• If we discovered that space aliens were about to attack and we needed a massive military buildup to protect ourselves from invasion, inflation and budget deficits would be a secondary concern to that and the recession would be over in 18 months.
  • We have so many hypothetical risks (inflation, bond market panic, crowding out, etc…) that we are afraid to tackle the actual challenge that is happening (unemployment, deflation, etc..) and we are destroying a lot of lives to protect ourselves from these “phantom threats”.
  • The thing that’s holding us back right now in the US is private sector debt. Yes we won’t have a self-sustaining recovery until private sector debt comes down, at least relative to incomes. Therefore we need policies that make income grow, which will reduce the burden of private debt.
  • The idea that we cannot do anything to grow until private debt comes down on its own is flawed… increase income, decrease debt burden!
  • Things that we have no evidence for that are supposed to be dangerous are not a good reason not to pursue income growth policies.
  • When it comes down to it, there just isn’t enough spending in the economy!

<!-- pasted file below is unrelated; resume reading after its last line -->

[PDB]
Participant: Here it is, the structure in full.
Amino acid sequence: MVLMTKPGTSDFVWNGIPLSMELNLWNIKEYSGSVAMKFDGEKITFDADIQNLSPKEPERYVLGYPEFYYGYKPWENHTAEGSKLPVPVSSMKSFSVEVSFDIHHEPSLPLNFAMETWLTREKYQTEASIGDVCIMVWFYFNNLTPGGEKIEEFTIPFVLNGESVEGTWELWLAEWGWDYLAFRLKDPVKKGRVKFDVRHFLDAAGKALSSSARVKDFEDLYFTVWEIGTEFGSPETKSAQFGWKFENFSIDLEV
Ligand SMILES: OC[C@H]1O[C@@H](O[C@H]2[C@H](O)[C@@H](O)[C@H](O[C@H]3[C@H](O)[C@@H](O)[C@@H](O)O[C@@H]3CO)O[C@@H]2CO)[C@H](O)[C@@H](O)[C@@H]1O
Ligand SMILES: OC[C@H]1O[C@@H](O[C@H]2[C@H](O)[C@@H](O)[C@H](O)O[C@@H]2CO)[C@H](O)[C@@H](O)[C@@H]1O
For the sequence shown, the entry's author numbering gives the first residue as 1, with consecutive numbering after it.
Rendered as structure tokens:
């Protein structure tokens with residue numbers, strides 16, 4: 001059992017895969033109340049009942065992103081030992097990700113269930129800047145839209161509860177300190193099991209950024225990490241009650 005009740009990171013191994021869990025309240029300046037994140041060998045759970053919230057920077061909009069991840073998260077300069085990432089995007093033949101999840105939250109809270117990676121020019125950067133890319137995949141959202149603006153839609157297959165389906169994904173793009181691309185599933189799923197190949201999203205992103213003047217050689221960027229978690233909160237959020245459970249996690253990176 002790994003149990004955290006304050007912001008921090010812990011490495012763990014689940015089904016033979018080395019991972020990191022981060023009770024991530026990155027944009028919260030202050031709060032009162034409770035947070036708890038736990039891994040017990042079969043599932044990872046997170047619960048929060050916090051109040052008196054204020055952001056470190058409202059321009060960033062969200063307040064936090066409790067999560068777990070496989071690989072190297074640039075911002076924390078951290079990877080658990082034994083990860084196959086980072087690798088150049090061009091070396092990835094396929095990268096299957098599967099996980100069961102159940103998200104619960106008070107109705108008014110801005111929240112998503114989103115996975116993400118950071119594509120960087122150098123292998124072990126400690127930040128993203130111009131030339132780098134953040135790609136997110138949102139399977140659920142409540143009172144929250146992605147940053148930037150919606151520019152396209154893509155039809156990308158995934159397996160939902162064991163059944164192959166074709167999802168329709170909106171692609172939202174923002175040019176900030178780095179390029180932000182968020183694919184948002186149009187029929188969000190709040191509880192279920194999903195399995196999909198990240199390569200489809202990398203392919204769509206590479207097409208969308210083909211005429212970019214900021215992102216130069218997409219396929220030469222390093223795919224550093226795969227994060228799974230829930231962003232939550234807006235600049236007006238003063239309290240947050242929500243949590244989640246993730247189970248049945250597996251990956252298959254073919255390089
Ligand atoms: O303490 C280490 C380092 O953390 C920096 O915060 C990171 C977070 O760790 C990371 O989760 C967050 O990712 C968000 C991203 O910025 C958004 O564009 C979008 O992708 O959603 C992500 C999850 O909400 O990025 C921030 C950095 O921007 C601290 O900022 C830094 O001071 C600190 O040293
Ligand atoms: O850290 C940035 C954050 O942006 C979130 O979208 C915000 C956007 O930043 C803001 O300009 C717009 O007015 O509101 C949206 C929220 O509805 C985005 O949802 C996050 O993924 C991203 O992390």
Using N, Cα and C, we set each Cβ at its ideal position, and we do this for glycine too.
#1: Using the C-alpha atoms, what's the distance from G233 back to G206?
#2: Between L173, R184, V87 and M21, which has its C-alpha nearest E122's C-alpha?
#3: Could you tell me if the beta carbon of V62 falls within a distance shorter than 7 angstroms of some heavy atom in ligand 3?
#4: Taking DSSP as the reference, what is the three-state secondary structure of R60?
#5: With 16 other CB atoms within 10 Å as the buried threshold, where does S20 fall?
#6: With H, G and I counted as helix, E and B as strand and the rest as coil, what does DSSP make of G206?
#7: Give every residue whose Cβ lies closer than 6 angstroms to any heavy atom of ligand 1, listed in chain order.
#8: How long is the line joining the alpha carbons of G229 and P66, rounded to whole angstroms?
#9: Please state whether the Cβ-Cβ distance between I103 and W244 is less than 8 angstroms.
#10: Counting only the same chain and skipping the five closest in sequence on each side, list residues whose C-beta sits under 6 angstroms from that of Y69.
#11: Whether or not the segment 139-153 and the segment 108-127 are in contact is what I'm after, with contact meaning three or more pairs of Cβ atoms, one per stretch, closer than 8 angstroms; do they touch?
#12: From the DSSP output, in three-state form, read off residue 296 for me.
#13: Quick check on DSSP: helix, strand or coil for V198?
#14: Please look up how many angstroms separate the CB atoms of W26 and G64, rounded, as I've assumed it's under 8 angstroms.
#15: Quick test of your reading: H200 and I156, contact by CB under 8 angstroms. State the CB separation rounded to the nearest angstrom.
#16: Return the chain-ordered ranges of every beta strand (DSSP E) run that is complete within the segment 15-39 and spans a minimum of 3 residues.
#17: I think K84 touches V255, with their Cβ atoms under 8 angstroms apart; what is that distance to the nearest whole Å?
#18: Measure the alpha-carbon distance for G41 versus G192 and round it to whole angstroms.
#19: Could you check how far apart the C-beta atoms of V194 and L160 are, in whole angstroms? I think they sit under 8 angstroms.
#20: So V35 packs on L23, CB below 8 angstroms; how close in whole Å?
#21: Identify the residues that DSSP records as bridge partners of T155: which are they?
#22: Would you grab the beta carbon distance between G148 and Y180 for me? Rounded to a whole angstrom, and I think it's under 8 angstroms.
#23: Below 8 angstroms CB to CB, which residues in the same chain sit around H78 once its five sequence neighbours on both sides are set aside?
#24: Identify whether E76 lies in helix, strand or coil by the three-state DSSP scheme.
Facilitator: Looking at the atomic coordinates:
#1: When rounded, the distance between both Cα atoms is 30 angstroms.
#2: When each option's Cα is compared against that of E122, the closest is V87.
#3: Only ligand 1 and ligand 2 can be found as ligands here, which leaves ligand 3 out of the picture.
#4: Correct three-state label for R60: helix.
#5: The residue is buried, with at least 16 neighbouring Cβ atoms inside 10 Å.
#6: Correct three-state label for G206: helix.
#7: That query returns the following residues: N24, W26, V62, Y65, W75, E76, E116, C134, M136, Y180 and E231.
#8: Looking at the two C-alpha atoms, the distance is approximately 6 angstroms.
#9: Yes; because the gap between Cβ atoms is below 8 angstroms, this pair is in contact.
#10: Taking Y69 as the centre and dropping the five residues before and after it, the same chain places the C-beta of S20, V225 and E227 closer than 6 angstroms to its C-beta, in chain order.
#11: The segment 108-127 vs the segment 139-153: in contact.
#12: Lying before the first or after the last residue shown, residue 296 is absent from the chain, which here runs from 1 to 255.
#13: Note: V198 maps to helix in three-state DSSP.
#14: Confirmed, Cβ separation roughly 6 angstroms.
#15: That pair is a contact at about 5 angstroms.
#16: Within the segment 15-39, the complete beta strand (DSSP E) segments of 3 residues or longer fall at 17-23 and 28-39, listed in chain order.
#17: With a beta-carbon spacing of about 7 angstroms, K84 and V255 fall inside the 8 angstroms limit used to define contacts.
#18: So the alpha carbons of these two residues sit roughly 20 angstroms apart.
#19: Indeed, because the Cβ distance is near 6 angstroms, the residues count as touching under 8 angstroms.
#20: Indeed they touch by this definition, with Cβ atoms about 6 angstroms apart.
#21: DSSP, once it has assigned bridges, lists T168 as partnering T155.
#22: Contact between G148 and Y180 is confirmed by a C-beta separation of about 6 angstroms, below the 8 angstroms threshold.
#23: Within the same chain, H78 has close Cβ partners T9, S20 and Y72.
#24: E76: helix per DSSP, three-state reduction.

Summary of Rogoff’s argument:

  • The downgrade was well justified, and the reason for the demand for treasuries is that they look good compared to the other options right now.
  • There is a panic going on as investors adjust to lower growth expectations, due to lack of leadership in the US and Europe.
  • This is not a classical recession, rather a “Great Contraction”: Recessions are periodic, but a financial crisis like this is unusual, this is the 2nd Great Contraction since the Depresssion. It’s not output and employment, but credit and housing which are contracting, due to the “debt overhang”.
  • If you look at a contraction, it can take up to 4 or 5 years just to get back where you started.
  • This is not a double dip recession, because we never left the first one.
  • Rogoff thinks continued fiscal stimulus would worsen the debt overhang because it leads to the expectation of future tax increases, thus causing firms and households increased uncertainty and reduces future growth.